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There exists a security problem inherent to Bitcoin’s transparency that needs to be addressed by the community.
Bitcoin has a fungibility issue; it is transparent, which can be both good and bad. Transparency allows everyone to check how many bitcoin are in circulation and to ensure that nobody is cheating.
But it also allows bad actors (such as governments) to monitor the chain and compromise users’ privacy.
When a new user buys bitcoin using a regulated, know your customer (KYC) exchange, his information (including Bitcoin address, government ID and other identifying information) is being provided to his local government. This information allows them to view the activity of his wallet, since his coins are linked to his identity. It also allows easier seizure in case of a government ban on bitcoin.
This is obviously dangerous, especially if you live under an authoritarian government. There are options available for buying bitcoin without revealing your identity and compromising your privacy, but those are less popular and are usually harder to follow.
This calls for a privacy standard in Bitcoin: Where a majority of wallets enable privacy features by default, making it much harder for chain analysis firms to link transactions and wallets to real-life identities and/or previous transactions. Users must make sure each and every one of our transactions are private. This can be achieved by utilizing tools like CoinJoins, PayJoins and other privacy enhancing techniques. While these tools are no silver bullet, using them in the right way can allow users to achieve a remarkable amount of privacy. Stealth addresses also have an important role in the privacy standard, as they allow users to share their addresses without needing to worry about them being linked to their digital or physical identity. Running your own node will also play an important part, dramatically reducing the possibility that a node will be used to link your transaction history to your real-life IP address, which can be used to deanonymize your transactions.
If we are able to do that, we will be able to disarm chain analysis companies. Chain analysis firms specialize in invading Bitcoin users’ privacy. They do it using publicly available on-chain data and then cross reference it with other data, such as KYC records, in order to establish a deterministic link between a user’s wallet activity and his real-life identity.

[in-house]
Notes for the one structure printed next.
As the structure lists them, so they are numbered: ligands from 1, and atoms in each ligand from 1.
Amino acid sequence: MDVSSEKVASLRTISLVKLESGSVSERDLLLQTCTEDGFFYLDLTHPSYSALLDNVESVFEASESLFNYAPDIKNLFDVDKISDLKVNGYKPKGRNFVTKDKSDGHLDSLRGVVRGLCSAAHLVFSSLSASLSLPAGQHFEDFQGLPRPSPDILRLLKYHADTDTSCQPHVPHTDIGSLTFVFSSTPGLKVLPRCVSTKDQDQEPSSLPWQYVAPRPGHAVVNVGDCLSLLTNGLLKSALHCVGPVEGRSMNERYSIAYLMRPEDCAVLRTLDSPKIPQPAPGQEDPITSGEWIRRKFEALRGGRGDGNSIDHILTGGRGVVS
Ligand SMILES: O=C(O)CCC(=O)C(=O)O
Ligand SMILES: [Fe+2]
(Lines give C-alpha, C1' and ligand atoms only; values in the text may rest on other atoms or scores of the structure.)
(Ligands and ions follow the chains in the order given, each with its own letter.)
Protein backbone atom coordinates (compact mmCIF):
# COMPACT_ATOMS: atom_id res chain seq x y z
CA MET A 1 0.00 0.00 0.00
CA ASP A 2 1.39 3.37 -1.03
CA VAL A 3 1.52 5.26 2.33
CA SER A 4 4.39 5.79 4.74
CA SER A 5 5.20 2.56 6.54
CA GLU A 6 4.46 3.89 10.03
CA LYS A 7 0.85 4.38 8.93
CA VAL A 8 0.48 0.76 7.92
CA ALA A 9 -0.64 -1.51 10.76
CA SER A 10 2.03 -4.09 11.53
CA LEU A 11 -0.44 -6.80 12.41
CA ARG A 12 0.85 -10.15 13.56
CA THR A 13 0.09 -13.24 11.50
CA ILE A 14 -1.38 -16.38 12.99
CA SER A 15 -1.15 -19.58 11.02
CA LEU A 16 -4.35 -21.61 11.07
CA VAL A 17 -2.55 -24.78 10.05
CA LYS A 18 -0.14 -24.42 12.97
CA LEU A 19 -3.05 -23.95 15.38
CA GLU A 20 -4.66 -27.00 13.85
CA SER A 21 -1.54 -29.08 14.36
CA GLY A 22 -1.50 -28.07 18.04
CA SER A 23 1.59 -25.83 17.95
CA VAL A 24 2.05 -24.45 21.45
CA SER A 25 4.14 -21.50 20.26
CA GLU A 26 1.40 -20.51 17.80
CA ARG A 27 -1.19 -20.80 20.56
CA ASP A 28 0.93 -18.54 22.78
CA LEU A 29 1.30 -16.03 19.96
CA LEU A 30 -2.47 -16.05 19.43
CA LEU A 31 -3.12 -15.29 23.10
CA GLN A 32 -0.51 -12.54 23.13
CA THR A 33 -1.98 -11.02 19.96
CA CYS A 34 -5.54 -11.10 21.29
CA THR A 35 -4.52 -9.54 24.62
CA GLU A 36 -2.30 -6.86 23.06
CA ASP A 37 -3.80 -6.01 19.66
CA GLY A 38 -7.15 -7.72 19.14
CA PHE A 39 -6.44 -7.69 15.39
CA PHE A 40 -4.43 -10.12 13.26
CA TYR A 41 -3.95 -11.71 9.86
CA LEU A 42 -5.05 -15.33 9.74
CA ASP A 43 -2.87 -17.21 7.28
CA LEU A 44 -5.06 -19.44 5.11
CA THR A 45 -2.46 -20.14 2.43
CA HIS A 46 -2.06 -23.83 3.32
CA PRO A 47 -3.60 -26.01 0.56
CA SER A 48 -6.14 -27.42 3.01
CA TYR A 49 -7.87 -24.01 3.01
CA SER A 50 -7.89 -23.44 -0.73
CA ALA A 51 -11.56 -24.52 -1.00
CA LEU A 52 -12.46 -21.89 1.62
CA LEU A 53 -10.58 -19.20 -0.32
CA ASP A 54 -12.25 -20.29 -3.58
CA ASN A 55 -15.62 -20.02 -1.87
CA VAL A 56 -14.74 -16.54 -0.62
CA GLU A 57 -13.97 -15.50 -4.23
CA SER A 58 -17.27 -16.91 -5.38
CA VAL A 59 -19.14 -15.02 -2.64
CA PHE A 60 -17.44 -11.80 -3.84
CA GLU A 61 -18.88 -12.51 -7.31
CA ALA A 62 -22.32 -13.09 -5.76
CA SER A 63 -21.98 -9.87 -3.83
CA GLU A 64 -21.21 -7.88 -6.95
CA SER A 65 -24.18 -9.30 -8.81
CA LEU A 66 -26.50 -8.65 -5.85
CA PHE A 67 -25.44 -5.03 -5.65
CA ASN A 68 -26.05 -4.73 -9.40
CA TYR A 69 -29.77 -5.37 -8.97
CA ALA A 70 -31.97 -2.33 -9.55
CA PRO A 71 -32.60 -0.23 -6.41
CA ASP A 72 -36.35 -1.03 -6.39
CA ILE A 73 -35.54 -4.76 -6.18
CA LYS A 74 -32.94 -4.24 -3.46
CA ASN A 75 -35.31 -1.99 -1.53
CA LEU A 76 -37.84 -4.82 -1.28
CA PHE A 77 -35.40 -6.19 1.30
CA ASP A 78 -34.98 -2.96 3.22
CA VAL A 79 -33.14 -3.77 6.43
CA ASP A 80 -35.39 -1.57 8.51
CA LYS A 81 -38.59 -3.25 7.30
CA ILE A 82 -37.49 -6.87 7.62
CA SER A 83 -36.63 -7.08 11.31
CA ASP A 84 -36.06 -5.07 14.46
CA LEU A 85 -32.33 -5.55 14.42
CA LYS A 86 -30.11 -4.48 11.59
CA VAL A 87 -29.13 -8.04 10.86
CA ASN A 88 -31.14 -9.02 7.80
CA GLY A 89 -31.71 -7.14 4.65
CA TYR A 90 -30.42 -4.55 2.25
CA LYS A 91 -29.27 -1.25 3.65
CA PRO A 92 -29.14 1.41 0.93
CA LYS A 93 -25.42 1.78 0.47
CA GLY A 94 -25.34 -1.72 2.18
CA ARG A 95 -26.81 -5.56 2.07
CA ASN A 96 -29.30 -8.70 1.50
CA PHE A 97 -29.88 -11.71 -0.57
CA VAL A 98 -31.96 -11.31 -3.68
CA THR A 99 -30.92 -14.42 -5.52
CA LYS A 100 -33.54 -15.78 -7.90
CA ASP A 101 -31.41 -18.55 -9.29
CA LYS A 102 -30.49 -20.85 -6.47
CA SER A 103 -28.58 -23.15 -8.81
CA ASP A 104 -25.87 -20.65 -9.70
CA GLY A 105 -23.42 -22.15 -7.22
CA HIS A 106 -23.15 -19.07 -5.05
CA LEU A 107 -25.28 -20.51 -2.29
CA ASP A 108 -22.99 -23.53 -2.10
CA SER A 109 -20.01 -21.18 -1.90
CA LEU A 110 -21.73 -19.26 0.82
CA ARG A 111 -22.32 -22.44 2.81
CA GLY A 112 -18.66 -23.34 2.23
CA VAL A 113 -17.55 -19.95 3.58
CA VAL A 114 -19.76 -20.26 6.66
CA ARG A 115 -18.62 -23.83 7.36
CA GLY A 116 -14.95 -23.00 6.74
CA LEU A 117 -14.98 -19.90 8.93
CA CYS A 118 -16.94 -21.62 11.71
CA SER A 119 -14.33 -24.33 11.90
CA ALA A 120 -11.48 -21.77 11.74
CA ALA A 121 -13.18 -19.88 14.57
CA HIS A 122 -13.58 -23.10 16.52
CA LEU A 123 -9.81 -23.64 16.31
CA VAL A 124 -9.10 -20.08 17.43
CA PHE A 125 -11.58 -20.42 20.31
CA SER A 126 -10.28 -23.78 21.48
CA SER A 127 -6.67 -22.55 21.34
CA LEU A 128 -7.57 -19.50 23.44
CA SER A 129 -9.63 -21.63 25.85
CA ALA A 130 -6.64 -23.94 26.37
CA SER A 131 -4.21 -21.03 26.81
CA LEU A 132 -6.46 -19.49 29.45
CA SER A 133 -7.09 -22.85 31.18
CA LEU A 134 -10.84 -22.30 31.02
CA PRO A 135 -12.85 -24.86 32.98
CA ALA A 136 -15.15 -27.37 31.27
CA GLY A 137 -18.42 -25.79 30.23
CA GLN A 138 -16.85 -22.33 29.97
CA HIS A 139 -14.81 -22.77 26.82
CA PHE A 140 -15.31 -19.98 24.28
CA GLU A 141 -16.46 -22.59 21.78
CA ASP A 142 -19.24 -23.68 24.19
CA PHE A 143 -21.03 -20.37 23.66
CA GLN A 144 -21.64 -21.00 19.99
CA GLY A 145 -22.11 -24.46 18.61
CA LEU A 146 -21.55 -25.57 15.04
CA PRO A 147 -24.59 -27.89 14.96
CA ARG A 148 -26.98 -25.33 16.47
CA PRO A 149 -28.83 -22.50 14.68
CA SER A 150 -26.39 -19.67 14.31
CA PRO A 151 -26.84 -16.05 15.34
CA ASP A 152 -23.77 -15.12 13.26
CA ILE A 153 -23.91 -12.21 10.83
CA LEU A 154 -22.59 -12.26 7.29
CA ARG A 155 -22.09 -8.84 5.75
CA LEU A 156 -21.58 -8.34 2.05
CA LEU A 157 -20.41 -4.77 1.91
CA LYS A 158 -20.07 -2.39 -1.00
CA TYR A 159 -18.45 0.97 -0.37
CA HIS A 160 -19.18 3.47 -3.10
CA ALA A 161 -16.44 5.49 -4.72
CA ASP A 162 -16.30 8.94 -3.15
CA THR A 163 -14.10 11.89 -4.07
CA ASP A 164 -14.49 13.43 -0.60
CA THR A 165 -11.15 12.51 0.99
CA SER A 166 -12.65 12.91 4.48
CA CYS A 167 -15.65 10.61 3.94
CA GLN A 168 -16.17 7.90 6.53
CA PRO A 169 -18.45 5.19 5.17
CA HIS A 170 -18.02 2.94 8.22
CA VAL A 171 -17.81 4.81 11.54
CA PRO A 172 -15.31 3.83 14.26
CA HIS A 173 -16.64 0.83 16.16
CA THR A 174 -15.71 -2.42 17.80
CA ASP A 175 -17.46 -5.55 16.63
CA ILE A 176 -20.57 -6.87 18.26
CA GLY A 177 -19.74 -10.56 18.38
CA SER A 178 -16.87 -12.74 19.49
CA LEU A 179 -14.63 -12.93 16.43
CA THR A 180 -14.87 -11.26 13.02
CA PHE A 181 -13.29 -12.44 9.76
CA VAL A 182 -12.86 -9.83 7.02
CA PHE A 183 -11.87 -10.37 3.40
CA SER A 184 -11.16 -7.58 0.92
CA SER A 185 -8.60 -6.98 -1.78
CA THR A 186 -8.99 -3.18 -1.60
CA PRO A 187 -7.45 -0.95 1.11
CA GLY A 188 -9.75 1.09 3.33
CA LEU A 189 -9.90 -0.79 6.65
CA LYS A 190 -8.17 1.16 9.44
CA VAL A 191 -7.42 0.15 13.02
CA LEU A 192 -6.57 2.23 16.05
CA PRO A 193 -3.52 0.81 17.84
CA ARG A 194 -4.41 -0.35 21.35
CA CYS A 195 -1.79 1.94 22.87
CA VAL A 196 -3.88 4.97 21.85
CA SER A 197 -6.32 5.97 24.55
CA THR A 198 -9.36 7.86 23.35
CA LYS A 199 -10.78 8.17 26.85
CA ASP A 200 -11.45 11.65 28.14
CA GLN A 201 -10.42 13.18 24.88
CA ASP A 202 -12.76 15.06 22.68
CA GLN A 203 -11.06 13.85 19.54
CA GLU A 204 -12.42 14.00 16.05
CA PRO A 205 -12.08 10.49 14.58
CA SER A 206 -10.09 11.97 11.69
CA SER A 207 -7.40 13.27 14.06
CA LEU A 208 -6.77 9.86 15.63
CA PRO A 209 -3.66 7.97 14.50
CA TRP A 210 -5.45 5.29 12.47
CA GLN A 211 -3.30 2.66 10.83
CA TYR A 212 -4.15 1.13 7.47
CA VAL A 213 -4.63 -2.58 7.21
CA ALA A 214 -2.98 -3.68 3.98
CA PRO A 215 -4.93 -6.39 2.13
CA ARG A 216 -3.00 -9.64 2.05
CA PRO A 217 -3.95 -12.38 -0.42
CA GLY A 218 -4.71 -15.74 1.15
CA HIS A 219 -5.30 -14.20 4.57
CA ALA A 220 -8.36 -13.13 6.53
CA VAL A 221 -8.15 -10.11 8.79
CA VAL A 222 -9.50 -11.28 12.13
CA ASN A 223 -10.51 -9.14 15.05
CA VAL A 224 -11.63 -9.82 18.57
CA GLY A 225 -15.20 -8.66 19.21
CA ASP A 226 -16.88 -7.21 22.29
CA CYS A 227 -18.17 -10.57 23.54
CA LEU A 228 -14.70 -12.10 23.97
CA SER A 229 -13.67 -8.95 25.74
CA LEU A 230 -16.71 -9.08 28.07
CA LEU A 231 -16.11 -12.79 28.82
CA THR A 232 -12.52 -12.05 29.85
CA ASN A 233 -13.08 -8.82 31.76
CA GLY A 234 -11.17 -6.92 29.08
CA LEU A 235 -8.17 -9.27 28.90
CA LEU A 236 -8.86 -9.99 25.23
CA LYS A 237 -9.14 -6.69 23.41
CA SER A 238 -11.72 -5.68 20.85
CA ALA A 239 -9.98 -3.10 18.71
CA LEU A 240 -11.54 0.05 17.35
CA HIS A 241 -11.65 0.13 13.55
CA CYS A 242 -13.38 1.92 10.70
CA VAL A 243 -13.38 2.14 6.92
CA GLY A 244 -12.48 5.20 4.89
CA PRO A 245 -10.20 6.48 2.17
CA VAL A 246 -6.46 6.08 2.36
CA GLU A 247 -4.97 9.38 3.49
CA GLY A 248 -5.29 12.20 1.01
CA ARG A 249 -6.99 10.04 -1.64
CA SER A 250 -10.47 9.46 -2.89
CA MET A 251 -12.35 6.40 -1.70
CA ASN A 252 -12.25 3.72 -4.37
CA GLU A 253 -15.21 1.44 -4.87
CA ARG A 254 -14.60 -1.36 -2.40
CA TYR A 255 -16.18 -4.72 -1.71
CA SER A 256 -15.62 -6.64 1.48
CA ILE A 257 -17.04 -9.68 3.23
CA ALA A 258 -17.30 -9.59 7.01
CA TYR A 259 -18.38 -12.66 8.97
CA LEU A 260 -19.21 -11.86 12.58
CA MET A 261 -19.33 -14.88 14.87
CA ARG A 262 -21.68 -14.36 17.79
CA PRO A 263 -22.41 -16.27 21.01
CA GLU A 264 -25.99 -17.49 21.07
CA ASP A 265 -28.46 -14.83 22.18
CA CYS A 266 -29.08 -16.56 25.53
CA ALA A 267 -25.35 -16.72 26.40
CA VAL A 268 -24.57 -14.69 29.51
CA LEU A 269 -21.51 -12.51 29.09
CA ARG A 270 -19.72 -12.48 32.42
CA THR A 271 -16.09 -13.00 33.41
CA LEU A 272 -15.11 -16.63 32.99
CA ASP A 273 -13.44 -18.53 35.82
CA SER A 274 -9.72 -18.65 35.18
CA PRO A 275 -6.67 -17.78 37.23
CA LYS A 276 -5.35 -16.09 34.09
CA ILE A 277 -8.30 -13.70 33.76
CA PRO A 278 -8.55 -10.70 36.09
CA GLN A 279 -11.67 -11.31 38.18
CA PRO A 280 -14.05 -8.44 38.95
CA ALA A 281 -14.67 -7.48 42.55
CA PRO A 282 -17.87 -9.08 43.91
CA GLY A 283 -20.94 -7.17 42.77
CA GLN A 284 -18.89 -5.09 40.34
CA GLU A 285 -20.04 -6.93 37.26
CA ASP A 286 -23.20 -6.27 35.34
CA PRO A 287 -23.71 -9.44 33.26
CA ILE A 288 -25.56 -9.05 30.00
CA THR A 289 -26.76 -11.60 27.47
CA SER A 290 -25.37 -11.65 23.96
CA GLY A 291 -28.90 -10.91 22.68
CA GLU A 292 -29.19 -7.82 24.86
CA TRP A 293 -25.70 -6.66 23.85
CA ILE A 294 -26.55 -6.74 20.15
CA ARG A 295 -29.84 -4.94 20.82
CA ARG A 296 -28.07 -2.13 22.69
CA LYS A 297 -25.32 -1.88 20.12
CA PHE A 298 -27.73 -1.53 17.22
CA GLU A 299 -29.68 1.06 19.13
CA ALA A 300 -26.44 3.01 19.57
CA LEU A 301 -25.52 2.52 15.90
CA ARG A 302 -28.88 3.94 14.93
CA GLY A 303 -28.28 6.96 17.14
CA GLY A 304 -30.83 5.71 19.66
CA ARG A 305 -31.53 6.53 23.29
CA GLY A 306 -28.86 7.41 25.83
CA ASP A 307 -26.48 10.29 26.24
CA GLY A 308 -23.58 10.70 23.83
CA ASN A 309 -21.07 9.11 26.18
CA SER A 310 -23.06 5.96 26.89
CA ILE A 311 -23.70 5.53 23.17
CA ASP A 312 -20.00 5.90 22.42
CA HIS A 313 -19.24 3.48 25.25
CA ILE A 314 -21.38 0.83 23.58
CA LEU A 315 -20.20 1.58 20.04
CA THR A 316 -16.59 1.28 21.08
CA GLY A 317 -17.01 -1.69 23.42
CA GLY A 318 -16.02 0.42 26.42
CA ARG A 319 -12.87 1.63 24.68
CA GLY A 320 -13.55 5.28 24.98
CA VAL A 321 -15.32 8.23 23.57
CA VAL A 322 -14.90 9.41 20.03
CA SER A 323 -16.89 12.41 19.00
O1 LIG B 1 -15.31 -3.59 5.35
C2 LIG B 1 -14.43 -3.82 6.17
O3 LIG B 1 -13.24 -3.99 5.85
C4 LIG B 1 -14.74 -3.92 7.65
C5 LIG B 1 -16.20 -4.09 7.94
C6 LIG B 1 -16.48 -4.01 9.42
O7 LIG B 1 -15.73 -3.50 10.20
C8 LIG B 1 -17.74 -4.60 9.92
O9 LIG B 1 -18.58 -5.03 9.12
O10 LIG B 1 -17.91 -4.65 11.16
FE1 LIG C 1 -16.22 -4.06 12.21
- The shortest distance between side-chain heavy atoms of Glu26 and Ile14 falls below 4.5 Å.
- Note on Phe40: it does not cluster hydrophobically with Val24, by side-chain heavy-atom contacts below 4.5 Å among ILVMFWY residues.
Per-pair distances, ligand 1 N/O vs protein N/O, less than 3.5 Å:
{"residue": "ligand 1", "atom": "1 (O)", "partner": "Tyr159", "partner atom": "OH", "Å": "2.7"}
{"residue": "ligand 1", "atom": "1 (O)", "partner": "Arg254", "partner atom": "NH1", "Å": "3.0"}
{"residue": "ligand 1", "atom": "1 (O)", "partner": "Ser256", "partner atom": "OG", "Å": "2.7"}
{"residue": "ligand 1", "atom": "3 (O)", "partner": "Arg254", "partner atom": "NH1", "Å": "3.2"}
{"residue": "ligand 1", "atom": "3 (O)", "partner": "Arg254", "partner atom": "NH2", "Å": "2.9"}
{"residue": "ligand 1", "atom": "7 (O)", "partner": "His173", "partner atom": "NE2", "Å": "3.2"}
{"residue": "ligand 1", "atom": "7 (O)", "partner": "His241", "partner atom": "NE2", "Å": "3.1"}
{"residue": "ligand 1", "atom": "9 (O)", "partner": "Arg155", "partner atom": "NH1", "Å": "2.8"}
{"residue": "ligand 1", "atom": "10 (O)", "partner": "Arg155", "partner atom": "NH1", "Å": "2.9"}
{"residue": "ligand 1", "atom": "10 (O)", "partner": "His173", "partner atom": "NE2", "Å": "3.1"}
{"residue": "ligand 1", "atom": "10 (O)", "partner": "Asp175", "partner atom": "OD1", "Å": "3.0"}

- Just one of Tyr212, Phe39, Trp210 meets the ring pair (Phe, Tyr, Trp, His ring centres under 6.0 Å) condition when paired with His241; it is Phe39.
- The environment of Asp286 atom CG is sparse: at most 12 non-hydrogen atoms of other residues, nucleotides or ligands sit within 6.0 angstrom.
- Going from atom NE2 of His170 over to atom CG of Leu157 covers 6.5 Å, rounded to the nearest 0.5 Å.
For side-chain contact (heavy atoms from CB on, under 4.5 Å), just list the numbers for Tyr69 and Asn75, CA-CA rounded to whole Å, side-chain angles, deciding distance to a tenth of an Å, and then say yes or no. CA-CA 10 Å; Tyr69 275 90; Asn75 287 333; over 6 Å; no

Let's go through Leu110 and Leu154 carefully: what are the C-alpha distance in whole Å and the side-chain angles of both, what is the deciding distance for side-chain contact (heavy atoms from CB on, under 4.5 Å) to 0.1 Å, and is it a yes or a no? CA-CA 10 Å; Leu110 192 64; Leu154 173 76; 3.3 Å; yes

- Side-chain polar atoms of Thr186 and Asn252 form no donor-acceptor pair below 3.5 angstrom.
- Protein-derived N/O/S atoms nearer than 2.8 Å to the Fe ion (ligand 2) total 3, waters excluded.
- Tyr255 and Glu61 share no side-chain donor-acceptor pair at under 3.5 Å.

The worst thing about those companies is that they don’t work exclusively for governments, they work with whoever is willing to pay them. Whether it’s a government, advertising company or a creepy stalker, it doesn’t matter to them. Those companies are pure poison for Bitcoin and are completely unnecessary in the Bitcoin ecosystem; they only bring harm and suffering to it.
There are plenty of users that are targeted by these companies simply because they stated they hate the idea of chain surveillance; a good example for this would be DarkDotFail’s donation address being flagged in multiple exchanges that have a partnership with these companies. Chain surveillance is not about money laundering, crime or any other illegal activity, it’s about creating an age where nobody has the right to keep their finances private. A Bitcoin privacy standard aims to kill these purely evil companies; but this requires the Bitcoin community to come together, put the ego aside and work together to create, use and promote tools that will enable this effort.
The hardest part of standardizing Bitcoin privacy would be making people acknowledge Bitcoin’s faults when it comes to privacy. Many will just avoid talking about it, and some don’t even know it exists! Creating such a standard would require large community consensus, not because we need to change the protocol, but because we need to make people acknowledge the fact that their privacy is being compromised. A privacy standard would also discourage discrimination against those who want to keep their bitcoin finances private (see this post).
They can censor a minority but not a majority.
We need more wallets like this, and more enthusiasm toward building and using Bitcoin privacy tools. Number-go-up is not all that matters in this peaceful revolution; privacy matters too.
This is a guest post by Yonatan. Opinions expressed are entirely their own and do not necessarily reflect those of BTC, Inc. or Bitcoin Magazine.